The Sword of Summer, by Rick Riordan
Magnus Chase has always been a troubled kid. Since his mother’s mysterious death, he’s lived alone on the streets of Boston, surviving by his wits, keeping one step ahead of the police and the truant officers.
One day, he’s tracked down by a man he’s never met—a man his mother claimed was dangerous. The man tells him an impossible secret: Magnus is the son of a Norse god.
The Viking myths are true. The gods of Asgard are preparing for war. Trolls, giants and worse monsters are stirring for doomsday. To prevent Ragnarok, Magnus must search the Nine Worlds for a weapon that has been lost for thousands of years.
When an attack by fire giants forces him to choose between his own safety and the lives of hundreds of innocents, Magnus makes a fatal decision.
Sometimes, the only way to start a new life is to die . . .
Find it on…
First of all, this book is thrillingly captivating.
Seriously. This book is based off Norse mythology- how cool is that?!
However, The Sword of Summer did disappoint me a little. Admittedly, that might have been because of my high expectations for this book (but then again, I have high expectations for all of Rick Riordan’s books). Before I read the book, I already had brief knowledge of Norse mythology (for example, I knew of Loki’s interesting ability). This meant that I was able to predict some of the things that were revealed later on. Of course, this caused a little disappointment. The good thing of having this prior knowledge is that it enabled me to understand the content easily.
I have always enjoyed how Riordan trivializes the Gods (and goddesses) in his books so I did enjoy the trivialisation of the Valkyrie and some Gods in this book. I also liked how some Gods like Frey were more serious as it helped to balance out the humour. I really really really like how Riordan portrays Loki and his children. They were very interesting.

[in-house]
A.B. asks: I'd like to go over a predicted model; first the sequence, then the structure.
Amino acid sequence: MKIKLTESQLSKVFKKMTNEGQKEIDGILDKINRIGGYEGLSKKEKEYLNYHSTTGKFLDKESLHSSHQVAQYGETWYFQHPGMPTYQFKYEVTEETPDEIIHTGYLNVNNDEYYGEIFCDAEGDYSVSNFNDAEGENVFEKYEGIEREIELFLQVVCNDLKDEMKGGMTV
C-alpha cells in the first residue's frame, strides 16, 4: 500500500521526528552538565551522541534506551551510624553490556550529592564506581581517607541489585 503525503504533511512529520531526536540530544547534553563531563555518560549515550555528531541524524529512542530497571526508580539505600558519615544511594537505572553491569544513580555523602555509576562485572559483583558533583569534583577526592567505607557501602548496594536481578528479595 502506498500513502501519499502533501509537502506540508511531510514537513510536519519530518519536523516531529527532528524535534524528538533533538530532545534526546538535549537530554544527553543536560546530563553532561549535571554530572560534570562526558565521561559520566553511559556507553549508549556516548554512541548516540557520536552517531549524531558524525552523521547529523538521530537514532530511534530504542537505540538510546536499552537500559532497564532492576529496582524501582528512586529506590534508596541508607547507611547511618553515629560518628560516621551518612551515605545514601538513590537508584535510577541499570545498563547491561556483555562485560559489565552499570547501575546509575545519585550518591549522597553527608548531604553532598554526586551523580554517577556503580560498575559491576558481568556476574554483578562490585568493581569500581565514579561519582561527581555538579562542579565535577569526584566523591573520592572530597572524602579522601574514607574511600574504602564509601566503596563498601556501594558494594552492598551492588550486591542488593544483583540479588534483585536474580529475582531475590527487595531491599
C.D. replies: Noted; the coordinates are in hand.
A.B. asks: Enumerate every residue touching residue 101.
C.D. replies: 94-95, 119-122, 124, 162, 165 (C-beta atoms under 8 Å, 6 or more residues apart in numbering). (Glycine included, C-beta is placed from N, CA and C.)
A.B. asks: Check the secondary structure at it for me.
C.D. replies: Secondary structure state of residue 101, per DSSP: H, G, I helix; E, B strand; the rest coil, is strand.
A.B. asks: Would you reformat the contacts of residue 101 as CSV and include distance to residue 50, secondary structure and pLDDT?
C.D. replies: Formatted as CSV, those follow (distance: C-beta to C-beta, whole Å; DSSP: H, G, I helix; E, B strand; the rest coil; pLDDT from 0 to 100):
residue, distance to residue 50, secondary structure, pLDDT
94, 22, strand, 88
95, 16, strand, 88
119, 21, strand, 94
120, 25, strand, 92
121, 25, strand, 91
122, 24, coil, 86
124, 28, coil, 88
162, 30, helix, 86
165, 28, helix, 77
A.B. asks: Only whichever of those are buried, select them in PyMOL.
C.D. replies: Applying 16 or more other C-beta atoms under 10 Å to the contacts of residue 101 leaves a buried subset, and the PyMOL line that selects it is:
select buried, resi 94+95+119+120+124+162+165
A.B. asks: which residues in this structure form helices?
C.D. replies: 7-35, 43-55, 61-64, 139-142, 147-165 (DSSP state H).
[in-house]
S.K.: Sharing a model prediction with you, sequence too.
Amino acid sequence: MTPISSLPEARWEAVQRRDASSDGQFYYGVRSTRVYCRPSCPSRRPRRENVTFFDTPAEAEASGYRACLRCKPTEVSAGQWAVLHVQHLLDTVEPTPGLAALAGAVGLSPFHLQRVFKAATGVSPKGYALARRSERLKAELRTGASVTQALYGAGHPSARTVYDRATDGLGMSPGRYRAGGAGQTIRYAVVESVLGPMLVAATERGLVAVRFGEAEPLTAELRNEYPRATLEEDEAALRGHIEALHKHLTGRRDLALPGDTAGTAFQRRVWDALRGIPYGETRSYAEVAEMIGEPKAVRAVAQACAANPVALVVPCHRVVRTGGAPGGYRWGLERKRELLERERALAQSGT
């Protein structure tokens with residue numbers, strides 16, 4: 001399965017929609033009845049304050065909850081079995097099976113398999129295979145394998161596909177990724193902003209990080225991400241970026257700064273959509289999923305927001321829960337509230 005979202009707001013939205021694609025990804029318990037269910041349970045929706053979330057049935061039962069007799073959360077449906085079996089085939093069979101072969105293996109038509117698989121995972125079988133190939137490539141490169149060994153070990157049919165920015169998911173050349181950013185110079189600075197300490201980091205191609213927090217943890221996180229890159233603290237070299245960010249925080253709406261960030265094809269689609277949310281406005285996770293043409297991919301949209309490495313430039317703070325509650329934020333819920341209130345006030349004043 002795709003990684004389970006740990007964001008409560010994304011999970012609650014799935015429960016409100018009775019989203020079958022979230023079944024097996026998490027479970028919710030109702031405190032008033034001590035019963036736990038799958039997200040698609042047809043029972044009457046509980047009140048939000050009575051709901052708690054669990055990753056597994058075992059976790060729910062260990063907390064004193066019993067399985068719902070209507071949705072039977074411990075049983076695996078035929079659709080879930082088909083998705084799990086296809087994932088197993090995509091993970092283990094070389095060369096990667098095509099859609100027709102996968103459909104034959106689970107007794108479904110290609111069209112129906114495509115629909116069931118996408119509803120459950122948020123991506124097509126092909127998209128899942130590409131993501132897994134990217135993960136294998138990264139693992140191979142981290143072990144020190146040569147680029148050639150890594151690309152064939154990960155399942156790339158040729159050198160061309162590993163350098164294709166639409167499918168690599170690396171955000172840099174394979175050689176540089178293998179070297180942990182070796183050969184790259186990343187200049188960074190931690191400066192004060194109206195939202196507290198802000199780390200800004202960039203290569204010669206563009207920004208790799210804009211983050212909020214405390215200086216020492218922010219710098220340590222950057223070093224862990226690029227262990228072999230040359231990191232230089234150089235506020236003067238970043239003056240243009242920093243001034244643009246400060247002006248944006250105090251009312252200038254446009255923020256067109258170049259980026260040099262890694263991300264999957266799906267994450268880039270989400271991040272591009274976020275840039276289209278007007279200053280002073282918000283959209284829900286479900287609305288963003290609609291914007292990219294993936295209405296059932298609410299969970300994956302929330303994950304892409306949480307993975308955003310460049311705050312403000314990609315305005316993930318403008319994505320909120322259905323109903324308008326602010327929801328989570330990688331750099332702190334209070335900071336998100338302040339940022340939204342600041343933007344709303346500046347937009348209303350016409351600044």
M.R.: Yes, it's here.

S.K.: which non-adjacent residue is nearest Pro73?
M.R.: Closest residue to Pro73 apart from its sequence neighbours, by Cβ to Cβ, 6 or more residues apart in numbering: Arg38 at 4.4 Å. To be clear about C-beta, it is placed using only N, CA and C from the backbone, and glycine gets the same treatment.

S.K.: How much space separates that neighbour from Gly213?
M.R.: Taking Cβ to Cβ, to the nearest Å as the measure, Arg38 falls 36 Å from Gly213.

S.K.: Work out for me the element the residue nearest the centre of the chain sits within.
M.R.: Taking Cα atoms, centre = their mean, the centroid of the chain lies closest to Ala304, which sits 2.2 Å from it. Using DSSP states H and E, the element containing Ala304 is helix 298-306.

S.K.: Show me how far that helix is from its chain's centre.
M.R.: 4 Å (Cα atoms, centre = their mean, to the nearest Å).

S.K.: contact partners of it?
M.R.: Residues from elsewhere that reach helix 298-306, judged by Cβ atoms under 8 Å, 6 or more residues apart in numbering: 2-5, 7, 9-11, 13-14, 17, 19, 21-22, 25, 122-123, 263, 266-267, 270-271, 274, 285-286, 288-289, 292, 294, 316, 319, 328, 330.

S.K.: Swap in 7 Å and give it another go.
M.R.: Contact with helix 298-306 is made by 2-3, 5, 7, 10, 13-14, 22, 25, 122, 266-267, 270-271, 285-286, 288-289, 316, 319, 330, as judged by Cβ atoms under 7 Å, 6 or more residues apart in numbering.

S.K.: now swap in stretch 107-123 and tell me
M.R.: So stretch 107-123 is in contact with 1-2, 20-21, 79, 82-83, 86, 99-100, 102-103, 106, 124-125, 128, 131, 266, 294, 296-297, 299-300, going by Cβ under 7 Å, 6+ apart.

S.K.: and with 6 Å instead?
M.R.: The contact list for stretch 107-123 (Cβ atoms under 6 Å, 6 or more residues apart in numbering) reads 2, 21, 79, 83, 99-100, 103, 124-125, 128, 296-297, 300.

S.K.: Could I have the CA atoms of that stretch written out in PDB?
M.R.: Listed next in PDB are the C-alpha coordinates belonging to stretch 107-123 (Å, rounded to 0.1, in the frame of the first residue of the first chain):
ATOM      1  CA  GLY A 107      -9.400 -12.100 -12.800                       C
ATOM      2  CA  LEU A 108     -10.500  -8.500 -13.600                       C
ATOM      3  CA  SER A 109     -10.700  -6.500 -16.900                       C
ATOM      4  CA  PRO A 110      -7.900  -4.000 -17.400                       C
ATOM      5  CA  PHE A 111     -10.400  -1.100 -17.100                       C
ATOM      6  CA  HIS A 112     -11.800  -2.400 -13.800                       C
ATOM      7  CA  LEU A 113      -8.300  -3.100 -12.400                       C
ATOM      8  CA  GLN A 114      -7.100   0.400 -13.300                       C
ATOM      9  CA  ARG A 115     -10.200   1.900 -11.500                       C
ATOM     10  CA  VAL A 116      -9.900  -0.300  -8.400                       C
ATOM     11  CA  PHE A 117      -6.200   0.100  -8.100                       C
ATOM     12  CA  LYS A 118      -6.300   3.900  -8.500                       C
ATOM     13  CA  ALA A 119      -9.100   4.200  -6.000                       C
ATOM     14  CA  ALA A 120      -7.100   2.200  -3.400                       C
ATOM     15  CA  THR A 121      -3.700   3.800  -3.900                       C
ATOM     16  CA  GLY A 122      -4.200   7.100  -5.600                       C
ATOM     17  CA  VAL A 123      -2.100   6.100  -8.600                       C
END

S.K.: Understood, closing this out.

As I started the book, I found myself thinking whether or not Magnus would be Percy 2.0. Throughout the entire book, I found myself constantly comparing the two characters. I’m happy to say that my constant comparisons reveal that Magnus is not another Percy. Magnus is a completely different character. Personally, I think that Magnus is way more sarcastic than Percy. I mean…
“That way if we fall,” Sam said, “we’ll fall together.”
“Sold,” I [Magnus] said, trying to tamp down my anxiety. “I love dying with friends.”
Magnus also hates the colour blue. Sadly.
A thing I liked a lot about this book was the diverse cast of characters. There are characters of different species, from different places which makes the book all the more intriguing. In Riordan’s other books, most of the characters were Americans, so my encounters with the different cultures of these characters in this book was absolutely refreshing.
Through these characters, Riordan also tries to communicate some deeper thoughts. For example, arranged marriages, traumatising childhoods are discussed in the book. Using some characters, Riordan is able to talk about these topics from a non-stereotypical point of view which I think is really good. Although Riordan does talk about these real life issues, I felt like the issues were incorporated loosely, making it seem like Riordan is trying too hard to incorporate as many modern issues as possible in his books.
In this book, the human plane is considered to be Midgard. This suggests that the world in which all of the characters (including Percy, Carter… etc. as all Riordan’s books occur in the same reality) live in is held in a branch of the world-tree Yggdrasil. This got me wondering whether or not any harm done to Yggdrasil could affect the Gods and Goddesses from another mythology…
In conclusion, the (arguably most important) reason why you should read The Sword of Summer is: Taylor Swift songs are played in the bars featured in Riordan’s version of the subterranean dwarf world!!